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The Reception of Paul’s Epistles to the Corinthians

Here are some select examples of the reception of Paul’s epistles to the Corinthians during the Patristic period. For more possible references or allusions to these texts, check out the following books:

“Take up the epistle of the blessed Apostle Paul. What did he write to you at the time when the Gospel first began to be preached? Truly, under the inspiration of the Spirit, he wrote to you concerning himself, and Cephas, and Apollos, because even then parties had been formed among you. But that inclination for one above another entailed less guilt upon you, inasmuch as your partialities were then shown towards apostles, already of high reputation, and towards a man whom they had approved.” (1 Clement 47:1-4)

“Let my spirit be counted as nothing for the sake of the cross, which is a stumbling-block to those that do not believe, but to us salvation and life eternal. “Where is the wise man? where the disputer?” Where is the boasting of those who are styled prudent?” (Ignatius of Antioch, To the Ephesians 18:1)

“Paul declared most plainly in the Epistle to the Corinthians… For the apostle does also say in the Second [Epistle] to the Corinthians… Thus he says in the second [Epistle] to the Corinthians” (Irenaeus, Against Heresies 4.27.3; 4.28.3; 5.3.1)

“First of all, to the Corinthians, prohibiting their heretical schisms; next, to the Galatians, against circumcision; then to the Romans he wrote at length, explaining the order (or, plan) of the Scriptures, and also that Christ is their principle (or, main theme). It is necessary for us to discuss these one by one, since the blessed apostle Paul himself, following the example of his predecessor John, writes by name to only seven churches in the following sequence: To the Corinthians first, to the Ephesians second, to the Philippians third, to the Colossians fourth, to the Galatians fifth, to the Thessalonians sixth, to the Romans seventh. It is true that he writes once more to the Corinthians and to the Thessalonians for the sake of admonition, yet it is clearly recognizable that there is one Church spread throughout the whole extent of the earth.” (Muratorian Canon, Lines 42-57)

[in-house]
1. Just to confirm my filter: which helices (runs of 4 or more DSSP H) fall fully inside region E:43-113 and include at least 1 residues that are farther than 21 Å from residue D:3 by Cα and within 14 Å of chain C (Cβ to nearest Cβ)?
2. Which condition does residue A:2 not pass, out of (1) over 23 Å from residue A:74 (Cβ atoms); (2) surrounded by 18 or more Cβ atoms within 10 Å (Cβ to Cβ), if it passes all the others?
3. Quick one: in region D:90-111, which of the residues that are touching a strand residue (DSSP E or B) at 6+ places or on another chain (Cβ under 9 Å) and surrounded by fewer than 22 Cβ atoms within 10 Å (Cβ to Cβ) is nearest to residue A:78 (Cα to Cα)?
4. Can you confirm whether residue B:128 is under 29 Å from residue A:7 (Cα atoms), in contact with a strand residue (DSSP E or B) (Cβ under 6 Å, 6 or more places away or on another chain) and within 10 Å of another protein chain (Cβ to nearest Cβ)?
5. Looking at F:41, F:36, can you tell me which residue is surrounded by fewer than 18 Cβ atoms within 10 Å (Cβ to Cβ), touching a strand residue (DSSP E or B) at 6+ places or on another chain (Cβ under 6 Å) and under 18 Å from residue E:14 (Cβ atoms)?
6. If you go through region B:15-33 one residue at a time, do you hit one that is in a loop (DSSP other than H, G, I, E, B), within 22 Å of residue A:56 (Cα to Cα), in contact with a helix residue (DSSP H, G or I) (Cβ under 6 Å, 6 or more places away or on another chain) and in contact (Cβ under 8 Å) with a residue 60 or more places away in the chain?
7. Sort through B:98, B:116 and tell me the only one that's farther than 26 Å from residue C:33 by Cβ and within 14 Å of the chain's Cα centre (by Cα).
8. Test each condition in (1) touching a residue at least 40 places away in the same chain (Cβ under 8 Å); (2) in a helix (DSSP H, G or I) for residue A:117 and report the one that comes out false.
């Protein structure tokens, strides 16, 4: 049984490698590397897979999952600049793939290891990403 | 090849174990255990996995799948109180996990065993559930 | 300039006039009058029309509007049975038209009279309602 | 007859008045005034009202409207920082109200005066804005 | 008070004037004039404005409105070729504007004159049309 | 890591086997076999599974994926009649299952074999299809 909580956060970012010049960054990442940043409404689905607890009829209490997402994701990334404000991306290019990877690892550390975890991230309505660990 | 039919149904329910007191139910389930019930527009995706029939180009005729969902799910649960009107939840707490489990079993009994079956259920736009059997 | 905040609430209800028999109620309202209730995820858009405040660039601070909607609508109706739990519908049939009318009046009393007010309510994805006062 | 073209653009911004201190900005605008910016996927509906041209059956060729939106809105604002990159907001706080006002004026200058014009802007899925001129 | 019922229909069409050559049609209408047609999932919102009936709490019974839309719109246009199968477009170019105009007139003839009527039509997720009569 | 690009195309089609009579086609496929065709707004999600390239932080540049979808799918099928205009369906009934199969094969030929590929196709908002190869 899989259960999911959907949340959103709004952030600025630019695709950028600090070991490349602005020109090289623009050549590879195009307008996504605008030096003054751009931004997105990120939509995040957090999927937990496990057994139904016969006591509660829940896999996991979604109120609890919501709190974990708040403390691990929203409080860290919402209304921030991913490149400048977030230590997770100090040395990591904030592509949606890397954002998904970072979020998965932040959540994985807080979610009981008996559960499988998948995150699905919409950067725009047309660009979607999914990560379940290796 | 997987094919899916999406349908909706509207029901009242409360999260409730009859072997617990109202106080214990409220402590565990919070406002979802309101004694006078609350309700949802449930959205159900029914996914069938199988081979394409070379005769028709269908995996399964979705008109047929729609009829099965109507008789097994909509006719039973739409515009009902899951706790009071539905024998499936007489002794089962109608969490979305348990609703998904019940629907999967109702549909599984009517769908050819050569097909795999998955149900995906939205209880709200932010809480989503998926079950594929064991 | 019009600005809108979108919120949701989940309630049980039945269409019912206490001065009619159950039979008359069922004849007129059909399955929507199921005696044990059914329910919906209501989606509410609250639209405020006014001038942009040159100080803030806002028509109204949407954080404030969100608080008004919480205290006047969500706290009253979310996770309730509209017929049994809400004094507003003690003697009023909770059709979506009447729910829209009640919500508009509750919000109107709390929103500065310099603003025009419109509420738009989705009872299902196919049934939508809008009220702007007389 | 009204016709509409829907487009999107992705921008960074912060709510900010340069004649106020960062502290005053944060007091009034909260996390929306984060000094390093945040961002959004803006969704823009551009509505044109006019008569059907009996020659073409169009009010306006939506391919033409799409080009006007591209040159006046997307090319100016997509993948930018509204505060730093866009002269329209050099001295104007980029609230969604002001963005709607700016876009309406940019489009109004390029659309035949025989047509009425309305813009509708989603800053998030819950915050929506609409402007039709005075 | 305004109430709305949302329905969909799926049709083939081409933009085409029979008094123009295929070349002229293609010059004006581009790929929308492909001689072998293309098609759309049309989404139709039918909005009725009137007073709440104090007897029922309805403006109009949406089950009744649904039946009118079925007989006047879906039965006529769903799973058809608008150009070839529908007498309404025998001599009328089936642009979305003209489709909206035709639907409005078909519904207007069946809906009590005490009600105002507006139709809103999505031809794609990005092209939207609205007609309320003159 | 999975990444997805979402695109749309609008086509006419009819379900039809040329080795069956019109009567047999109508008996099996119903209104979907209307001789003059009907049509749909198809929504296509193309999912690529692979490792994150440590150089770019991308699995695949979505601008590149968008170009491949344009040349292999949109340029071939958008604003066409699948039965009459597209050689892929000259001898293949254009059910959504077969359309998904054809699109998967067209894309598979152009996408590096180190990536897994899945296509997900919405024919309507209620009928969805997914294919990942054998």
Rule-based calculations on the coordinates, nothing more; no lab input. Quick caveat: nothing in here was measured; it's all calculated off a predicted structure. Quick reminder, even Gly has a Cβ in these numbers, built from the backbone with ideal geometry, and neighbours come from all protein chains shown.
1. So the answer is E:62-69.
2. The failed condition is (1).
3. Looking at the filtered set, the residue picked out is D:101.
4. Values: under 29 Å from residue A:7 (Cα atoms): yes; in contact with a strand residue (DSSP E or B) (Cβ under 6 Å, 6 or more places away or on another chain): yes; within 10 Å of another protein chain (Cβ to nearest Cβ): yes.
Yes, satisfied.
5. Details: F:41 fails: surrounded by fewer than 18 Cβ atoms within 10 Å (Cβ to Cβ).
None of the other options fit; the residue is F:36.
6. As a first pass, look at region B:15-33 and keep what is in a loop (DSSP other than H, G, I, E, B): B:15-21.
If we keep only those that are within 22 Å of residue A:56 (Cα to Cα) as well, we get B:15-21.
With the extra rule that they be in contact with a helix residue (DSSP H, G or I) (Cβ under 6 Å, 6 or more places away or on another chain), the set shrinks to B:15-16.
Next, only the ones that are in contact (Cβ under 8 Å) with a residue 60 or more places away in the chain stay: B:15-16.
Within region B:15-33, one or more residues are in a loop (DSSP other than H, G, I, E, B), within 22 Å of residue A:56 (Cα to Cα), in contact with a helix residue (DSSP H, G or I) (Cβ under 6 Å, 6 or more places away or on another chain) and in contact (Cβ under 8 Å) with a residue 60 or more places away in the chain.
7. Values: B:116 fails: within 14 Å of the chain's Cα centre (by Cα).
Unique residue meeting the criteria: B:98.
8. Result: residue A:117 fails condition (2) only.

“Paul’s fourteen epistles are well known and undisputed” (Eusebius, Ecclesiastical History 3.3.5)

“Here are what he [Marcion] calls Epistles: 1. Galatians. 2. Corinthians. 3. Second Corinthians. 4. Romans. 5. Thessalonians. 6. Second Thessalonians. 7. Ephesians. 8. Colossians. 9. Philemon. 10. Philippians. He also has parts of the so-called Epistle to the Laodiceans.” (Epiphanius, Panarion 42.9.4; cf. Tertullian, Against Marcion 5.2-21)

“He [Paul] wrote nine epistles to seven churches: To the Romans one, To the Corinthians two, To the Galatians one, To the Ephesians one, To the Philippians one, To the Colossians one, To the Thessalonians two; and besides these to his disciples, To Timothy two, To Titus one, To Philemon one.” (Jerome, On Illustrious Men 5)

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